Attorney William A Brewer III.

Attorney William A Brewer III. Credit: Brewer Attorneys & Counselors

In a bitter legal battle with New York State for its very existence, the politically powerful National Rifle Association is relying on a Long Island-raised, Democratic leaning lawyer to defend itself at a time of great upheaval for the gun-rights organization.

William A. Brewer III, 71, grew up in Baldwin (where he worked as a Newsday paperboy), went to St. John’s University as an undergrad, still summers on the East End, is now the NRA’s top attorney fending off a lawsuit brought by Attorney General Letitia James.

In her lawsuit, first filed in 2020, James said the NRA, as a charitable foundation based in New York, should be shut down because of many financial improprieties. The lawsuit alleges that longtime NRA leader Wayne LaPierre and other officials siphoned money from the group for lavish spending and their personal use.

The case is expected to go to trial Monday in Manhattan. But in a surprise move on Friday afternoon, LaPierre, 74, stepped down as the NRA’s CEO, raising all sorts of questions about the lawsuit and the NRA’s future. In a prepared statement to The Point, Brewer indicated LaPierre will remain part of the lawsuit and that his resignation was not part of some possible last-minute settlement with New York before the trial was scheduled to begin.

“With respect to the NYAG trial, the NRA is prepared and ready,” Brewer told The Point. “ The NRA will defend its governance efforts in support of the freedoms it fights to defend." On Friday, the New York AG’s office, which has long sought LaPierre’s removal, reportedly indicated LaPierre’s resignation was not part of a settlement deal and is prepared to go to trial Monday.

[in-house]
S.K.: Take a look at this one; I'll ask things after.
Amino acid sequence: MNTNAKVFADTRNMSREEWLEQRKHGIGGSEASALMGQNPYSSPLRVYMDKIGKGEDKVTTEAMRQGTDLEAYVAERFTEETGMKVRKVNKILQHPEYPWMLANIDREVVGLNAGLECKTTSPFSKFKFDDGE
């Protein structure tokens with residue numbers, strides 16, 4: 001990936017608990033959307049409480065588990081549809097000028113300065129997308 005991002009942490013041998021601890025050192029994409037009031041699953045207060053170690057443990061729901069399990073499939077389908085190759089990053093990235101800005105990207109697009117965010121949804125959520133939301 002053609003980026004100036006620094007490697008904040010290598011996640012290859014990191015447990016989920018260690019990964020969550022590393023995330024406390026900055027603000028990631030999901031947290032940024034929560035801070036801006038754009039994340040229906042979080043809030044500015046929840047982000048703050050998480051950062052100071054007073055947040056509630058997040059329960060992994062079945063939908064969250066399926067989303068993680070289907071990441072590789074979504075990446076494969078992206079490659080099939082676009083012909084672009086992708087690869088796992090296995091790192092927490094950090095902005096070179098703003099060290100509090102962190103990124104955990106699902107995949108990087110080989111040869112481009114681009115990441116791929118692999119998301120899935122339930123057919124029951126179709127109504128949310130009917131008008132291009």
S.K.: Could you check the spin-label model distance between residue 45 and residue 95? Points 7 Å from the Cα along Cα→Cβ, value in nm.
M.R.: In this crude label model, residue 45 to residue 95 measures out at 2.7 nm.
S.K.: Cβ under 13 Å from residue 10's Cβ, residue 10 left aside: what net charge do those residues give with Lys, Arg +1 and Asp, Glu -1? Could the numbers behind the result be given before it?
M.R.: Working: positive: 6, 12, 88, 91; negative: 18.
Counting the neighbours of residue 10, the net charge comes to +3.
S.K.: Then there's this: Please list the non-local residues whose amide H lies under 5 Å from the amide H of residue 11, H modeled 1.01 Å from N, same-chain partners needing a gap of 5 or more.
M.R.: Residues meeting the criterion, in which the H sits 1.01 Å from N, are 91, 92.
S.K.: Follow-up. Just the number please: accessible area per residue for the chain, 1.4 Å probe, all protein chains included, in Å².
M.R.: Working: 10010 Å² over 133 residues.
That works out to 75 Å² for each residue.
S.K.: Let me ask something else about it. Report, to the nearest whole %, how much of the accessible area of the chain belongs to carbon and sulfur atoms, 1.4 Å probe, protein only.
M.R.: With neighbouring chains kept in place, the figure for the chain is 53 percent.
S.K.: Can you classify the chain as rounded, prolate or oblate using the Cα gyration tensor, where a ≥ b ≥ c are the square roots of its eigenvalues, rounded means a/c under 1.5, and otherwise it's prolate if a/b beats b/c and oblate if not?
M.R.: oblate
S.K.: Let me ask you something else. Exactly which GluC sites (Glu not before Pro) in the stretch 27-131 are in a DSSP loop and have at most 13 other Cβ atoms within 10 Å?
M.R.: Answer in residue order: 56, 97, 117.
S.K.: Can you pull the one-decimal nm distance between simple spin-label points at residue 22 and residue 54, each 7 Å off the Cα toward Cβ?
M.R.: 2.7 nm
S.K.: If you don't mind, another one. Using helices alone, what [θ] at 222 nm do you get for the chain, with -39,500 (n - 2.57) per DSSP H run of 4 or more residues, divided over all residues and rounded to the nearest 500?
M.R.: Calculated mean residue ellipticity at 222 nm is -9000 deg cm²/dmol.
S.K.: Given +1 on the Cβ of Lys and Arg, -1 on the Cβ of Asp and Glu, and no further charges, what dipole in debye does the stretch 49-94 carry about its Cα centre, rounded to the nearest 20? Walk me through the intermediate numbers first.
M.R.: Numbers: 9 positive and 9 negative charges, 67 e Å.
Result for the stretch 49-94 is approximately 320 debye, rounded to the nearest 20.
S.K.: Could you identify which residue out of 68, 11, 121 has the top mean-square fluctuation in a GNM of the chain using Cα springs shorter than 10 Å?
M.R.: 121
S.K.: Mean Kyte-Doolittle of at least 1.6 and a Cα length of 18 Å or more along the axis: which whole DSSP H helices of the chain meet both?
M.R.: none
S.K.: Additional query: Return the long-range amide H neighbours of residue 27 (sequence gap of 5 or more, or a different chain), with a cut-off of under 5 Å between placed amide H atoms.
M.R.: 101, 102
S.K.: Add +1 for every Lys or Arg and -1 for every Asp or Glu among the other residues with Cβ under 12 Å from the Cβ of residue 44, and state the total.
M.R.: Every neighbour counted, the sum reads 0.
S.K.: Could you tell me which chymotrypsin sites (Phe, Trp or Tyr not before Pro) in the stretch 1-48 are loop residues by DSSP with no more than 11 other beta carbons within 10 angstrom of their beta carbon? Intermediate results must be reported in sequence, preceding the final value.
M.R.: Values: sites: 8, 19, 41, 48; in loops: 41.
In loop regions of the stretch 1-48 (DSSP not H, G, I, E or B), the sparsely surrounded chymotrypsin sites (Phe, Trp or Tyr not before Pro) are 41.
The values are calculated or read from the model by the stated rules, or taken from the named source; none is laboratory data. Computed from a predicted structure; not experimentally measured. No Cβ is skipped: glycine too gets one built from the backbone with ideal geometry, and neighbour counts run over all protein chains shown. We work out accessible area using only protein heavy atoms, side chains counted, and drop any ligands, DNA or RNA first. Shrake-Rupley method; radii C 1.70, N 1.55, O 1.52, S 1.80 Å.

Brewer contends the NRA is being unfairly singled out by James because of its advocacy of gun rights favored by conservatives who are her political opponents — a contention recently rejected by a state Appellate Court, allowing the trial to go forward. Brewer said this legal battle with James — one of several legal challenges faced by the embattled NRA in recent years — has cost more than $10 million in legal expenses.

“The NRA believes this was motivated by James’s [campaign] promise she would go after the NRA if elected,” Brewer said earlier this week in an interview with The Point. He said if the NRA prevails in this case, it will seek to recover legal expenses and damages from the state.

Brewer, a specialist in complex commercial litigation, is used to the hot seat in tough cases. He replaced previous NRA lawyers five years ago as the national gun rights group faced mounting legal troubles. Overall, Brewer’s firm was paid $23.5 million by the NRA for outside legal counsel in 2021 alone, according to the most recent available tax forms filed by the group. The high fees paid to Brewer’s firm have been questioned by some former NRA officials as well as the group’s longtime critics.

With law offices in Manhattan and Dallas, Brewer, who now lives in Connecticut, seems an odd choice to represent the NRA. Federal and state election records show Brewer, a Democrat, has given money in the past to the campaigns of Hillary Clinton, Barack Obama, and locally to former U.S. Rep. Kathleen Rice — all advocates for gun regulation opposed by the NRA.

Brewer says he still has many friends and relatives on Long Island. He graduated from the then-Maria Regina Diocesan High School in Uniondale (now known as Kellenberg Memorial) and eventually got his law degree in 1977 from Albany Law School of Union University in Albany.

Despite the damaging publicity for the NRA, Brewer says the group still has 4 million members nationally, including 200,000 in New York State. In September 2023, the Nassau County Friends of NRA held a fundraising dinner at the Coral House in Baldwin (Brewer’s old stomping grounds) and plans another one in the fall. Unless there’s a last minute settlement, the NRA trial is expected to carry on for several weeks.

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